Thyroid Hair Loss Help

With Amy Myers MD

How to stop hair loss due to thyroid problems

How to reverse hair loss thyroid disease

When your hair grows, it starts at the scalp and comes from a hair follicle. Your blood circulation nourishes the cells in your scalp, causing your hair to grow, which is why you may have heard of using scalp massages to stimulate circulation. Hair growth is a cycle. It falls out and regrows, even if you don’t notice it happening.

According to a review published in Molecular Biology of the Cell, thyroid disorders caused by disrupted T3 and T4 hormones can cause hair loss, especially in untreated or extreme conditions. Unfortunately, the review found, hair loss (as well as breaking or thinning hair) is found in both hypo- and hyperthyroidism.

Thyroid conditions stem from an inactive or underactive thyroid gland (known as hypothyroidism) or an overactive thyroid gland (hyperthyroidism). Your pituitary gland is also responsible in some cases of hypothyroidism due to its failure to make a hormone called thyroid stimulating hormone (TSH), which triggers thyroid hormone release. The all-important hormones T3 and T4 — which regulate dozens of bodily processes, including regrowth, are affected in thyroid conditions.

What does thyroid hair loss look like?

We all lose some hair daily, and then it regrows. But irregular functioning of T3 and T4 can cause that regrowth cycle to be disturbed — meaning you might notice thinning hair over time, without hair replacement. This could affect your eyebrows, body hair, and eyelashes, too. It might fall out in clumps or strands. And it might not be from just one area, either, so it may not be noticeable at first.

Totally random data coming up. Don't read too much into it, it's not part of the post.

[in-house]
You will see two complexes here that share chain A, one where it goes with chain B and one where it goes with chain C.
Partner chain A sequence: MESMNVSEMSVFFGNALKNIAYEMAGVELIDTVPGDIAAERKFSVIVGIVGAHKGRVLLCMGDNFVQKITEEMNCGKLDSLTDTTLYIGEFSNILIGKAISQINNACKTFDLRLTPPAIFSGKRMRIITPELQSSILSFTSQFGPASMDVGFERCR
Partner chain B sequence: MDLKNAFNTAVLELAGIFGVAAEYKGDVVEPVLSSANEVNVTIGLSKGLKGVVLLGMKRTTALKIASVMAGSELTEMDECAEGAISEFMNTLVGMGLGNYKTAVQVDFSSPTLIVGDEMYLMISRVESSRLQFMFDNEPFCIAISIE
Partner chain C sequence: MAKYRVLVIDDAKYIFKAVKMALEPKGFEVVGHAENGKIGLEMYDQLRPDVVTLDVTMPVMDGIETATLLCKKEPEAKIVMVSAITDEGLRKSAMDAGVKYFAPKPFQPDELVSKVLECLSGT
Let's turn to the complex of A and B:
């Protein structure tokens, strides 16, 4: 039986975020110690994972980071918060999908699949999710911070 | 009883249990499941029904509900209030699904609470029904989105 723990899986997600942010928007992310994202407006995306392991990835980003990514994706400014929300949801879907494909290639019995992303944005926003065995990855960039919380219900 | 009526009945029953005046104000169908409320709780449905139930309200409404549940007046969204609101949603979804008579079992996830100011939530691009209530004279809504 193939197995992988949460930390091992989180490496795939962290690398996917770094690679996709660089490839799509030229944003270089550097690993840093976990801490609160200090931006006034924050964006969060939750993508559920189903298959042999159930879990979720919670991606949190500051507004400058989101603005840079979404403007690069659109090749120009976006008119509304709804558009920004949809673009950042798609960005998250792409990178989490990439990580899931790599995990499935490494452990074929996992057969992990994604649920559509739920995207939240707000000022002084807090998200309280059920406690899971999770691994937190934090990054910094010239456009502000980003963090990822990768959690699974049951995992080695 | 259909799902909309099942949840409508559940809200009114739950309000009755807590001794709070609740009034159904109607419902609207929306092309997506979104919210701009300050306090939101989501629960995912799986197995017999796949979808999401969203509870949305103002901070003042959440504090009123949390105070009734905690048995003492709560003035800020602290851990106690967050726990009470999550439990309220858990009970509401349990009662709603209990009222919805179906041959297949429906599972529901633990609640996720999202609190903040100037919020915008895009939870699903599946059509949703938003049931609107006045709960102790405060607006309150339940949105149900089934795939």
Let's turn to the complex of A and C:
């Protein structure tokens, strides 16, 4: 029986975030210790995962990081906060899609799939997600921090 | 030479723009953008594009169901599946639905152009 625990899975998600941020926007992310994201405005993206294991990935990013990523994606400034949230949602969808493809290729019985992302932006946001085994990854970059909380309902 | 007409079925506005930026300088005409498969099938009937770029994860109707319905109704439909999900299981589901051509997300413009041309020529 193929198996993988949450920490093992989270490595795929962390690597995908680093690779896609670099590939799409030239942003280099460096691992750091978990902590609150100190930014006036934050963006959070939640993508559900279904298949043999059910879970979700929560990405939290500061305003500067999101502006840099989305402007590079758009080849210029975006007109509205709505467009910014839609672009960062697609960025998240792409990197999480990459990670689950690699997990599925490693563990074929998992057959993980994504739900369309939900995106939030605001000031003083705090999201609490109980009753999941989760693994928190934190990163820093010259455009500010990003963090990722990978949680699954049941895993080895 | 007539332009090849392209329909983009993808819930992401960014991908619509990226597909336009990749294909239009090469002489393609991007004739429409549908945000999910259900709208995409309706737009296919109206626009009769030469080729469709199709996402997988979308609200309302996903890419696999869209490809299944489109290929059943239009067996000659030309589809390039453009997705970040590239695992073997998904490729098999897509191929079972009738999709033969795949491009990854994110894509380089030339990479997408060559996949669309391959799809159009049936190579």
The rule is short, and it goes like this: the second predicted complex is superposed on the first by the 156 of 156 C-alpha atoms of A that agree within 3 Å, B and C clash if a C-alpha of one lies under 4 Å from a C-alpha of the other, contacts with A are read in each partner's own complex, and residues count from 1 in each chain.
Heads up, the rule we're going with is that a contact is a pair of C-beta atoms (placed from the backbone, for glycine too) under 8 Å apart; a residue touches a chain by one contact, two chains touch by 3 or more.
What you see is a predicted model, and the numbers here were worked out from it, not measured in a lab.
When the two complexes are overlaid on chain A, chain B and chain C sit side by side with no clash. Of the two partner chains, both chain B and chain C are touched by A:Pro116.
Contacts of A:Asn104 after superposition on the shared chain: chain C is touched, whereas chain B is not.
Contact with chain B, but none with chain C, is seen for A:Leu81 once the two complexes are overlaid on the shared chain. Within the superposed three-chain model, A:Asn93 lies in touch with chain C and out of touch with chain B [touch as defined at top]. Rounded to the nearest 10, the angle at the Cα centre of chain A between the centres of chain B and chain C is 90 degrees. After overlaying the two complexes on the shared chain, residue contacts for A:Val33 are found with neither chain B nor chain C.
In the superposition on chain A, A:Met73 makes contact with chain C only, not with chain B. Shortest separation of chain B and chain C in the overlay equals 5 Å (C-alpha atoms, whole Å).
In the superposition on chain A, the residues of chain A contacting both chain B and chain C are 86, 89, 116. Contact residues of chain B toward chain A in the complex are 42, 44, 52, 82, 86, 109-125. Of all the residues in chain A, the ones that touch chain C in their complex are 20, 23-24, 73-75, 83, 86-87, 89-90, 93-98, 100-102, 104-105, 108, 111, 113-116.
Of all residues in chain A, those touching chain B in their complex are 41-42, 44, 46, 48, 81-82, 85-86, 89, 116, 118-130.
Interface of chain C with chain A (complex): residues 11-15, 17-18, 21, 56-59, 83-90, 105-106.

You may also be seeing a lot of hair coming out in the shower or as you brush it — more than 100 strands per day is a sign of significant hair loss.

Thyroid conditions are seen in people with alopecia, which causes patchy hair loss. Lupus and PCOS may cause hair loss as well. In a study cited in the International Journal of Trichology, advanced age is also associated with more thyroid hair loss.

In fact, as a good rule of thumb, if you have alopecia or hair loss of any sort, but have no known thyroid disorder, it's wise to check with your doctor and to request a thyroid test at the first sign of hair loss.

How to stop hair loss due to thyroid conditions

Many people worry that all of their hair will fall out, but the truth is that hair loss caused by thyroid disorders is usually temporary and can be reversed, especially if you work with your endocrinologist to get tested and on the right treatment for your condition. Using thyroid medications to rebalance your hormones may help replace the lost hair, even though it could take some time before you see new growth.

According to Amy Myers MD, you’re going to want to ask your doctor for a full thyroid panel to check your TSH, free T4, free T3, and reverse T3.

These levels should be optimal, not just “normal.” The difference? Normal results — especially with TSH and T4 — could still cause issues like hair loss. You’ll then want to work with your doctor to find the right kind and dosage of thyroid medication for your specific thyroid hormone imbalance. Your endocrinologist will help you arrive at the right treatment for your symptoms.